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 Category:  General Fiction
  Posted: January 5, 2020      Views: 87
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Take a look at my latest published novel Silent Hand Of God found on Amazon. Ben Colder Author.

He is an accomplished novelist and is currently at the #12 spot on the rankings.

He is also an active reviewer and is holding the #97 spot on the top ranked reviewer list.

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Chapter 11 of the book She Walks In Beauty
A blessings in disguise
"The barn" by Ben Colder

The story is about two brothers during the Civil War. One brother is Confederate partisan, the other a farmer who is drafted into the Union Army. One gives his life for the other. True history.

Maddox summoned for Judith and asked for her presence when making the agreement.

She spoke firmly, "Captain Maddox, you are a paying guest in my home and nothing more. I refuse to take part in your scheme and now, if you will excuse me, I'm needed in the kitchen!"

Needing dawn and the rain to stop were vital. Maddox surmised travel was treacherous and water probably rushed over the Miller Creek bridge. Henry's kindred plus loyal neighbors no doubt would interfere if captured during the day.

Miles away at Carter Town, John Carter stood inside the doorway of his four-bedroom log home watching the rain wash away the vegetable garden. Maw Carter stood on the porch with hands on her hips murmuring, "I know the good Lord knows what He's doing, but I sure wish he'd have mercy on our garden."

At the base of the Blue Ridge Mountains, Thomas Watkins and Will Anderson sat beneath a ledge near a small fire realizing they weren't going anywhere. The dry creek bed was now a swift running stream.

The Taylor farm was far from being restored except for Ellsworth Taylor making a comfortable place for his elderly father.

To some, the rain was a cursing and to others it meant replanting however, everything was at a standstill.

Caroline Glass was home looking out the window thinking about Thomas, but her grave concern was for her father, Dr Glass, whom two days overdue returning from Wheeling.

Nature's storm cells were reaching all the way into Ohio and Kentucky. In Northwest Virginia, the ongoing war was at bay and in most parts causing scouting patrols on both sides to spend time finding shelter.

In the Watkins barn a light barely visible peeped through withered wood.

Henry spoke, "We either have company sheltering in our barn or Trooper forgot to snuff out the lantern again."

Arming himself, he went to see to the matter. Two McNeil Confederate Rangers lay sleeping on a pile of hay.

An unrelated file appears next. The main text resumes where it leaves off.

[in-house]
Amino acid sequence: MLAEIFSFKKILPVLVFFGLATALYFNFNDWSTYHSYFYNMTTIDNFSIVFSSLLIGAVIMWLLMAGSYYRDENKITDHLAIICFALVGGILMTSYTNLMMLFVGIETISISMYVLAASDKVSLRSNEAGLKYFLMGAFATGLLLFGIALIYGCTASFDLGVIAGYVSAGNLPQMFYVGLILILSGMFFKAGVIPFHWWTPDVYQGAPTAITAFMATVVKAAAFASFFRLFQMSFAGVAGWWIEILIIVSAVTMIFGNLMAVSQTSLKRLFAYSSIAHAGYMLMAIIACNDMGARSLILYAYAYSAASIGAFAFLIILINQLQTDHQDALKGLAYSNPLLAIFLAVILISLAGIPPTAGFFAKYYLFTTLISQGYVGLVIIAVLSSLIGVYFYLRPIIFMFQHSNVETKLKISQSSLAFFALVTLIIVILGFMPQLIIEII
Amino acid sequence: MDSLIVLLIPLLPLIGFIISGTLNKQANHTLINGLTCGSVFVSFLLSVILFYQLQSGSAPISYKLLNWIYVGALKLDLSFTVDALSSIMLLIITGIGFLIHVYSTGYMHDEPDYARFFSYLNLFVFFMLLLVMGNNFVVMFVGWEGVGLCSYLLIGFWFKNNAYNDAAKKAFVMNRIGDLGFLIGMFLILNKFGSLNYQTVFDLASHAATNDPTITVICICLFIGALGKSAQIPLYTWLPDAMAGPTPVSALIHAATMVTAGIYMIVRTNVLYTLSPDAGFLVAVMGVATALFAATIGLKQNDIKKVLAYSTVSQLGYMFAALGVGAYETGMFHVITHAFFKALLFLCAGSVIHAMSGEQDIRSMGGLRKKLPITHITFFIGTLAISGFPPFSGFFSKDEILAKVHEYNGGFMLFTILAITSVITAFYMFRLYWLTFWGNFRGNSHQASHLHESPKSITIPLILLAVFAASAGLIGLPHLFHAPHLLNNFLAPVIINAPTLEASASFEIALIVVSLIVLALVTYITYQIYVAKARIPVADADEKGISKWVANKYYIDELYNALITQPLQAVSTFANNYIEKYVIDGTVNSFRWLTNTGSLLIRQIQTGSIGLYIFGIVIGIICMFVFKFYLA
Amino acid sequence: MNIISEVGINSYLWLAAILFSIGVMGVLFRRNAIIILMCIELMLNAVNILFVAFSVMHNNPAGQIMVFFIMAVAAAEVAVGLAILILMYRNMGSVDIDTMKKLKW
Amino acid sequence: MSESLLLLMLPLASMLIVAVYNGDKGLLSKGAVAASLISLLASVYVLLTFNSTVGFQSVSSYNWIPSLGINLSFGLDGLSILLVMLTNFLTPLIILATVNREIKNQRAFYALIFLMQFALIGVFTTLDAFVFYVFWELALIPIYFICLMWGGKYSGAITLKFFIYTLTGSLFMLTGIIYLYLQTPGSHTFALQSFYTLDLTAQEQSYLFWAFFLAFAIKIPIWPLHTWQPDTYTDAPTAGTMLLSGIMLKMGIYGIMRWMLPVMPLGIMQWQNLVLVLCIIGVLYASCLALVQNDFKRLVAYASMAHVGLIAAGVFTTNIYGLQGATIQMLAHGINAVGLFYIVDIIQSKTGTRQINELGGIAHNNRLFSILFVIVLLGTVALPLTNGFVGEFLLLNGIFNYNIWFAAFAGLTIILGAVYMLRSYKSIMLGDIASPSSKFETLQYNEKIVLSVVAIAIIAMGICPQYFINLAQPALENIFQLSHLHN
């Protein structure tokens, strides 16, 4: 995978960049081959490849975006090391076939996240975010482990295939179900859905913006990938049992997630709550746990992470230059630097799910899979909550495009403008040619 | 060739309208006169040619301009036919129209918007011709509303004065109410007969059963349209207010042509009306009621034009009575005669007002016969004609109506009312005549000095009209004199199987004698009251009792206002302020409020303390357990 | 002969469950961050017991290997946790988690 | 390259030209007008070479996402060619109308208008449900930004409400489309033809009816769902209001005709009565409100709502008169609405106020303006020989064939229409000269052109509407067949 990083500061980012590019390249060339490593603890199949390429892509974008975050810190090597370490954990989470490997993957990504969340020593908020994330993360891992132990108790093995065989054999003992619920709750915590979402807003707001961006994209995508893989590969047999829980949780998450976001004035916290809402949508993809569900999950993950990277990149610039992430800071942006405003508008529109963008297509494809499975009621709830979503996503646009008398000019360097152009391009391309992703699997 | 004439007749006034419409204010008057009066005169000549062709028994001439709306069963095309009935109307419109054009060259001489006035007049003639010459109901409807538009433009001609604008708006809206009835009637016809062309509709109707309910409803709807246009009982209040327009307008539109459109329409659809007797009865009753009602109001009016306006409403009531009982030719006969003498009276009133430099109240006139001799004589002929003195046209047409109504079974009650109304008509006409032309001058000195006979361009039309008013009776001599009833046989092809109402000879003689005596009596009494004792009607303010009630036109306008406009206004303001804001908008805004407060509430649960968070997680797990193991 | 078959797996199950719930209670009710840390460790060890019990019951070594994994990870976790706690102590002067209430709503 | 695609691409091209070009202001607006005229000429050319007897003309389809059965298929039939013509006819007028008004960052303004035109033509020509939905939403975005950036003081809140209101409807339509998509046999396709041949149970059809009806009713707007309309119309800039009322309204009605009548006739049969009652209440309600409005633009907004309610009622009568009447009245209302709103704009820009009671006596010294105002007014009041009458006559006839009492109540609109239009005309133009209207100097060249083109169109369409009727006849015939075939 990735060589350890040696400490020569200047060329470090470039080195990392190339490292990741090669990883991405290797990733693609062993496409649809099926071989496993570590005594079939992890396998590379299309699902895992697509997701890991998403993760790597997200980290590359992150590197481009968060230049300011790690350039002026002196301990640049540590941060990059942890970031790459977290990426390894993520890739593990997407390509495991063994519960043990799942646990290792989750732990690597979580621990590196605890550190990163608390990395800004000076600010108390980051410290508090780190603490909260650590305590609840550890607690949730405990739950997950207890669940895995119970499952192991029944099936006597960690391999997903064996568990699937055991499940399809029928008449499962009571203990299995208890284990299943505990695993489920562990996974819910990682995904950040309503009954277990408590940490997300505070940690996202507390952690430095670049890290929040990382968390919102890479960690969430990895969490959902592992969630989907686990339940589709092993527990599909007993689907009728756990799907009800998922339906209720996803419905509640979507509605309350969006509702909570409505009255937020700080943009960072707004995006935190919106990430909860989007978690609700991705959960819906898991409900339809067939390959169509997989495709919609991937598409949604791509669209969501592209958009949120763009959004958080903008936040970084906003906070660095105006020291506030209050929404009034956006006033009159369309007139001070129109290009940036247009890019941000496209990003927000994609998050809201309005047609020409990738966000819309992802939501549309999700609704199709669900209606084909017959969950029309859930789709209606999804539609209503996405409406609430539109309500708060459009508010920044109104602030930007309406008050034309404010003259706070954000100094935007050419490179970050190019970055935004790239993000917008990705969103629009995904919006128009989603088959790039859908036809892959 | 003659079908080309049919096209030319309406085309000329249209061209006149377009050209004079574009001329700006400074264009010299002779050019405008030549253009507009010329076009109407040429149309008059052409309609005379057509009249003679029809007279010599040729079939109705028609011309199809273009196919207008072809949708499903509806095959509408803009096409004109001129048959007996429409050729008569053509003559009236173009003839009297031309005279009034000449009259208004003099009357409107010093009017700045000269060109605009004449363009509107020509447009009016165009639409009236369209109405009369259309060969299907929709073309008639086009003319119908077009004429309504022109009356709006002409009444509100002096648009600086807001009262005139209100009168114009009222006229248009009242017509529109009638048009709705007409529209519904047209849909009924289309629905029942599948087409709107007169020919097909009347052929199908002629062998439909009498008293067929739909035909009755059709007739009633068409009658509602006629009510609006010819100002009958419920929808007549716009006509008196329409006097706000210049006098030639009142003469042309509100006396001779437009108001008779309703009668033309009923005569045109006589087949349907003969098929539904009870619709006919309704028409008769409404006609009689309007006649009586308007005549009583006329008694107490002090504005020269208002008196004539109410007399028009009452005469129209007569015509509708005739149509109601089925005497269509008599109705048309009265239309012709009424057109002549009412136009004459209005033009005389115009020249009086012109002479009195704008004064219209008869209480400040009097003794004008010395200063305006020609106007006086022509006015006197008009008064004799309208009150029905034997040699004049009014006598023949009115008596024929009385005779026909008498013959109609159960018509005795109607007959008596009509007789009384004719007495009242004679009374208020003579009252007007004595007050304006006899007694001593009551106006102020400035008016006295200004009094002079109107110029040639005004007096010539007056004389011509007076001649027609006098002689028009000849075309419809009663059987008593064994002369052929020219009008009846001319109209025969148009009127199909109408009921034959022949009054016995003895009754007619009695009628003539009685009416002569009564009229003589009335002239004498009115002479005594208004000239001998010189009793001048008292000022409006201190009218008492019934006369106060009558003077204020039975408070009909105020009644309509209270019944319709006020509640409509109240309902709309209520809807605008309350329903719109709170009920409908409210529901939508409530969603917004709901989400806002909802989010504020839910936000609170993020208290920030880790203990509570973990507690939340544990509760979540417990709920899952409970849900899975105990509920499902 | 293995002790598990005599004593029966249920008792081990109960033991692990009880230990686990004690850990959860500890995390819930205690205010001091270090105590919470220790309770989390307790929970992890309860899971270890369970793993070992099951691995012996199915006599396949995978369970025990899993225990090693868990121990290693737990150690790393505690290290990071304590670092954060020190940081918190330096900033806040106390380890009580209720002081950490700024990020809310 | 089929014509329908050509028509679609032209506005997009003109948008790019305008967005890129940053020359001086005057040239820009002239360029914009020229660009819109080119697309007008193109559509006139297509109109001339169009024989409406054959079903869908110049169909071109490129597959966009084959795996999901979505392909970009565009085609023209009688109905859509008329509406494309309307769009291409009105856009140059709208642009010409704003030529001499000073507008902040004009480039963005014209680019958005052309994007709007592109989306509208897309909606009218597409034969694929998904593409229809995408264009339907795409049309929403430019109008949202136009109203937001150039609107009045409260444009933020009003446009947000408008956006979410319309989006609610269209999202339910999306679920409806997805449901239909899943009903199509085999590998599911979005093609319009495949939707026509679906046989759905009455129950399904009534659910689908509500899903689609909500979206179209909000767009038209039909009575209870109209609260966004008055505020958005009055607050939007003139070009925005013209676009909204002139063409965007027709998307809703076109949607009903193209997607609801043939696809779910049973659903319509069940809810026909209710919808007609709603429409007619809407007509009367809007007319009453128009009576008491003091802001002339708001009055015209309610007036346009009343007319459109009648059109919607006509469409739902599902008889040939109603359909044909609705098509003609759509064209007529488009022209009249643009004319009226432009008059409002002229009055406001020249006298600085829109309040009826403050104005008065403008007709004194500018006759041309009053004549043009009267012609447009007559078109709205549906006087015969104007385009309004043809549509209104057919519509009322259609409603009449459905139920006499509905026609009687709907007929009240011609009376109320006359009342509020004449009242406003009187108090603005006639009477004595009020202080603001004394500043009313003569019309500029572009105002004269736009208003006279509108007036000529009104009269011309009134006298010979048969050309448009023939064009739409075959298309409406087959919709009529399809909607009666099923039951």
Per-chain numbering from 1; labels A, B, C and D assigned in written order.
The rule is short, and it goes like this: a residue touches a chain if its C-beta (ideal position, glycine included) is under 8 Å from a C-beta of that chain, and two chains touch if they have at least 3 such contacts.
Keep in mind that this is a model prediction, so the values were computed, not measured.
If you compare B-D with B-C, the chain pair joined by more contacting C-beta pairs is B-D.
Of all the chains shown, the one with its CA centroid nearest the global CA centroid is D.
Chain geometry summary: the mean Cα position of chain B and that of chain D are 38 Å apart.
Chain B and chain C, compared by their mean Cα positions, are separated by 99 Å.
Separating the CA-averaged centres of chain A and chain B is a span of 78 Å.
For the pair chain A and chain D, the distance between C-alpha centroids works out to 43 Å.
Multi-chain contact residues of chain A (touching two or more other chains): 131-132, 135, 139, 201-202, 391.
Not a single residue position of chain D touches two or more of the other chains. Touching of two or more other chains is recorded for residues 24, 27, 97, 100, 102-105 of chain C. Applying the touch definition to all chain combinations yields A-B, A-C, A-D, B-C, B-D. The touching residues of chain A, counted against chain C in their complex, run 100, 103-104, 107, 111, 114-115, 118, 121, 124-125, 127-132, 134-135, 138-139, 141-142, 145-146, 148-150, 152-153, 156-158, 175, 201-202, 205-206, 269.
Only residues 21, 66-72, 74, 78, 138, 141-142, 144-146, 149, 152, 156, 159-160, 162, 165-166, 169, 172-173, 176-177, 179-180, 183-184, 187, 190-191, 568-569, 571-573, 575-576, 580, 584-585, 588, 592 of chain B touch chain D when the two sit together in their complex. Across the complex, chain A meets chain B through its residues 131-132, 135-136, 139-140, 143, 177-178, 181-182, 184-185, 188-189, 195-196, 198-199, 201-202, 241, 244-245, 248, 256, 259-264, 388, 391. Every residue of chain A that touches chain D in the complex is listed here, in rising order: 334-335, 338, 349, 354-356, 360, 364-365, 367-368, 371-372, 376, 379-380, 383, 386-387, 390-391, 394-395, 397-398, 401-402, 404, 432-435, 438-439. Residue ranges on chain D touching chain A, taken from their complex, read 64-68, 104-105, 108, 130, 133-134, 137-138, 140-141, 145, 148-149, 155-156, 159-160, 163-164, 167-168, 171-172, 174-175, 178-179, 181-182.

A nudge to the bottom of tattered boots aroused the men to their feet.

The weapon received attention. "What yea aiming to do with that thing? We ain't bothering nothing, we're Just trying to get in out of the rain."

A faded butternut grey cap announced the scene.

Henry asked," Who are you fellows and why are you here?"

The men were silent not knowing what to expect.

The occasion ended when Trooper entered the barn chirping, "Momma said to invite whoever it is to breakfast."

Henry lowered the revolver and escorted the men to the house.

During hot biscuits and gravy, the questions arose concerning aspects of war.

Considering the men were confederate, Henry asked, "Have either of you ever heard of Captain Thomas Watkins?"

They looked at each other and smiled, "Robin hood? Yea, we've all heard of that fellow."

Hidden concern quickly turned into sociability as Henry told of their relationship.

"We met your brother this past April when scouting for Gen. Grumble Jones and from a distance, you and he could pass as twin."

Among many, the fight between Union General Ringgold's Pennsylvanian Cavalry and the McNeil Rangers was hardly a secret.

One man spoke, "The Robin-Hood came a little late that day. We took several prisoners and five wagons along with twenty-five horses."

Henry remarked, "I take it you men are Mosby Rangers."

A sharp reply, "No sir, we ride with McNeil and proud of it. Back in February, General Lee said some very nice words about us when we captured a well-guarded supply train. That's when we met your brother and his bunch after they captured two peddler wagons. He gave us several sacks of beans and lots of coffee."

The book continues with Surprise!. We will provide a link to it when you review this below.

Author Notes
On April 6, the Rangers clashed with the Ringgold Battalion, Pennsylvania Cavalry at Burlington, Hampshire County, taking twelve men prisoners, and capturing five wagons and twenty-five horses.
In Winter-Spring 1863, the McNeill Rangers performed scouting duties for Confederate cavalry under Brig. Gen. William E. "Grumble" Jones and John D. Imboden and provided assistance when they raided northwestern Virginia between April 24 and May 22, 1863, General Robert E. Lee wrote, "The success of Captain McNeill is very gratifying, and, I hope may be often repeated."
On February 16, the McNeill partisans captured a guarded supply train and received General's Lee praise for their actions, "This is the third feat of the same character in which Captain McNeill had displayed skill and daring."
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